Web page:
ellipsoid

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ellipsoid

a geometric surface, symmetrical about the three coordinate axes, whose plane sections are ellipses or circles. Standard equation: x2/a2 + y2/b2 + z2/c2 = 1, where ?a, ?b, ?c are the intercepts on the x-, y-, and z- axes
Collins Discovery Encyclopedia, 1st edition © HarperCollins Publishers 2005

ellipsoid

(i-lip -soid) A surface or solid whose plane sections are circles or ellipses. An ellipse rotated about its major or minor axis is a particular type of ellipsoid, called a prolate spheroid (major axis) or an oblate spheroid (minor axis).
Collins Dictionary of Astronomy © Market House Books Ltd, 2006
The following article is from The Great Soviet Encyclopedia (1979). It might be outdated or ideologically biased.

Ellipsoid

 

a closed central quadric surface. An ellipsoid has a center of symmetry O (see Figure 1) and three axes of symmetry, which are called the axes of the ellipsoid. The plane sections of

Figure 1

ellipsoids are ellipses; in particular, one can always find a plane section that is a circle. In a suitable coordinate system the equation of an ellipsoid has the form

The Great Soviet Encyclopedia, 3rd Edition (1970-1979). © 2010 The Gale Group, Inc. All rights reserved.

ellipsoid

[ə′lip‚sȯid]
(mathematics)
A surface whose intersection with every plane is an ellipse (or circle).
McGraw-Hill Dictionary of Scientific & Technical Terms, 6E, Copyright © 2003 by The McGraw-Hill Companies, Inc.
References in periodicals archive ?
In this research, we focused on the kinematic evolution of the ore-bearing ductile shear zone in the Zagros Orogeny and applied strain ellipsoid shape as a vector to the interpretation of structure and intensity of deformation.
We choose 6 different ellipsoids (three of them are prolate and three are oblate).
Asada, "Dynamic analysis and design of robot manipulators using inertia ellipsoids," in Proceedings of the 1984 IEEE International Conference on Robotics and Automation, pp.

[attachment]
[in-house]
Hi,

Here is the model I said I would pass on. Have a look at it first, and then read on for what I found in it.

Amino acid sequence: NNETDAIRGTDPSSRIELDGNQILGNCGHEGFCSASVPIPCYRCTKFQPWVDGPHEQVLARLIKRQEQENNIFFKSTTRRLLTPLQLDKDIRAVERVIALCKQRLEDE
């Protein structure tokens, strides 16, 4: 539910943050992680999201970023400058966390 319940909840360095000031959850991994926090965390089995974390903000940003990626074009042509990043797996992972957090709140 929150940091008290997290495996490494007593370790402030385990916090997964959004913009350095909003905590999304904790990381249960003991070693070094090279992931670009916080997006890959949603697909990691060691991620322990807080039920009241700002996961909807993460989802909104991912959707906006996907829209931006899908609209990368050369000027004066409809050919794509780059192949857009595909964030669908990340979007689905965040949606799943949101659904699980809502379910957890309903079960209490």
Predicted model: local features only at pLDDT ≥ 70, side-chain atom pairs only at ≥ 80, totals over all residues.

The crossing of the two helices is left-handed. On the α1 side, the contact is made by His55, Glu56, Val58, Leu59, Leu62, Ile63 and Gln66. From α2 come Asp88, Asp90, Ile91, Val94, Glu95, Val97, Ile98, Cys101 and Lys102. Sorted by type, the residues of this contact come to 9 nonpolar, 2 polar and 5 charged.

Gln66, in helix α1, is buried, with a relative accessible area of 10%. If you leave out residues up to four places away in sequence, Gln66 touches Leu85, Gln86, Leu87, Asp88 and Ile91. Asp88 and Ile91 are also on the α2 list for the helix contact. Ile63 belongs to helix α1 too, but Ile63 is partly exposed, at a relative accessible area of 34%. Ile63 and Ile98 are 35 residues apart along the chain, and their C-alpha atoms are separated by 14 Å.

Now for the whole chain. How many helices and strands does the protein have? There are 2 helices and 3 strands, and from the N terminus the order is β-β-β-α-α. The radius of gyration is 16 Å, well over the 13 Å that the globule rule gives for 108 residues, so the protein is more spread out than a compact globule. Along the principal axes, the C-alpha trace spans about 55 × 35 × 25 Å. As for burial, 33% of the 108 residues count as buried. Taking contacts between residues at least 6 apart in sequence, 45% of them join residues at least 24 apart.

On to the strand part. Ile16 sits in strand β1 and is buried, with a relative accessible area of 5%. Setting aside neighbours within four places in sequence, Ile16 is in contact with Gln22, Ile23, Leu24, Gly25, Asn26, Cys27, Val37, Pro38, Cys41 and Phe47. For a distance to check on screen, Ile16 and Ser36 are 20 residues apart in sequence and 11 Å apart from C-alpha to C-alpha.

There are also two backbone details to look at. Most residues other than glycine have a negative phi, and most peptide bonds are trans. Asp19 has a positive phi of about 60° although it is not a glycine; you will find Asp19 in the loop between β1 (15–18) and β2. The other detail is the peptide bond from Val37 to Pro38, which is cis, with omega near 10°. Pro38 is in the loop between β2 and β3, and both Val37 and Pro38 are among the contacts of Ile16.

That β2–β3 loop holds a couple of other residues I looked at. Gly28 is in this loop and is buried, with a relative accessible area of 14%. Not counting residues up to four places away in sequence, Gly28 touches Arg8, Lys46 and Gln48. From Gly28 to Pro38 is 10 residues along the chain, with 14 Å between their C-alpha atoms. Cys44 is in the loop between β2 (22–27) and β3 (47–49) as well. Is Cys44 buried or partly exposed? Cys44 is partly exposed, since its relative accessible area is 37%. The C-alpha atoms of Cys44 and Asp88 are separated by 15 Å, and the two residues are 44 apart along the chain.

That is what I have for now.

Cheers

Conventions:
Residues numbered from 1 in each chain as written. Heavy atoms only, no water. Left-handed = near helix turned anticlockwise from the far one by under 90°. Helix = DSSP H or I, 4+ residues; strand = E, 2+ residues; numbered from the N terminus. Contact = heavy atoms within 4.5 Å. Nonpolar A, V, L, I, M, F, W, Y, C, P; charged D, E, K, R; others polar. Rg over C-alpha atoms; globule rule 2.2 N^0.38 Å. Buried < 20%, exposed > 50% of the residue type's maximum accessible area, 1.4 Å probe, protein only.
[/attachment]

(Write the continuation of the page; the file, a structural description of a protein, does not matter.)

Section 3 provides two new approaches for the estimation and prediction of the debris dispersion due to the breakup during the reentry which is introduced by propagating the covariances of positional probabilistic ellipsoids. Section 4 shows performance comparisons of the proposed estimation approaches, that is, the statistical linear regression with the unscented transformation and the Gauss-Hermite cubature-based numerical approximation are demonstrated.
The inertia ellipsoid S is defined by the equation [mathematical expression not reproducible], or equivalently [mathematical expression not reproducible] where [mathematical expression not reproducible].
Generally, they are based on the fact that this chamber possesses a similar geometry to the ellipsoid of revolution, or, still, to a truncated prolate spheroid (TPS), implying that two of its axle shafts must have equal measures [4-9].
Both of the two shape families, ellipsoids as well as prisms, are represented with discrete number of similar particles characterised by an specific elongation factor [k.sub.elon], non-dimensional values of which are ranging between 10 and 0.1, i.e.
Ellipsoids are tighter fitting than spheres for elongated objects, chiefly arms and legs in humanoid modeling; they are not invariant to rotations; however, their calculation and the test between ellipsoids is more complex than spheres volumes (Arcila & Banon, 2005; Bing et al., 2009) (Figure 1 (f)).
The predominant type of phytoliths is "irregular ruminate" (57%), significantly few encountered phytoliths as "thinning rough parallelepiped with rounded edges" (10%) and "smooth ellipsoids" (9%).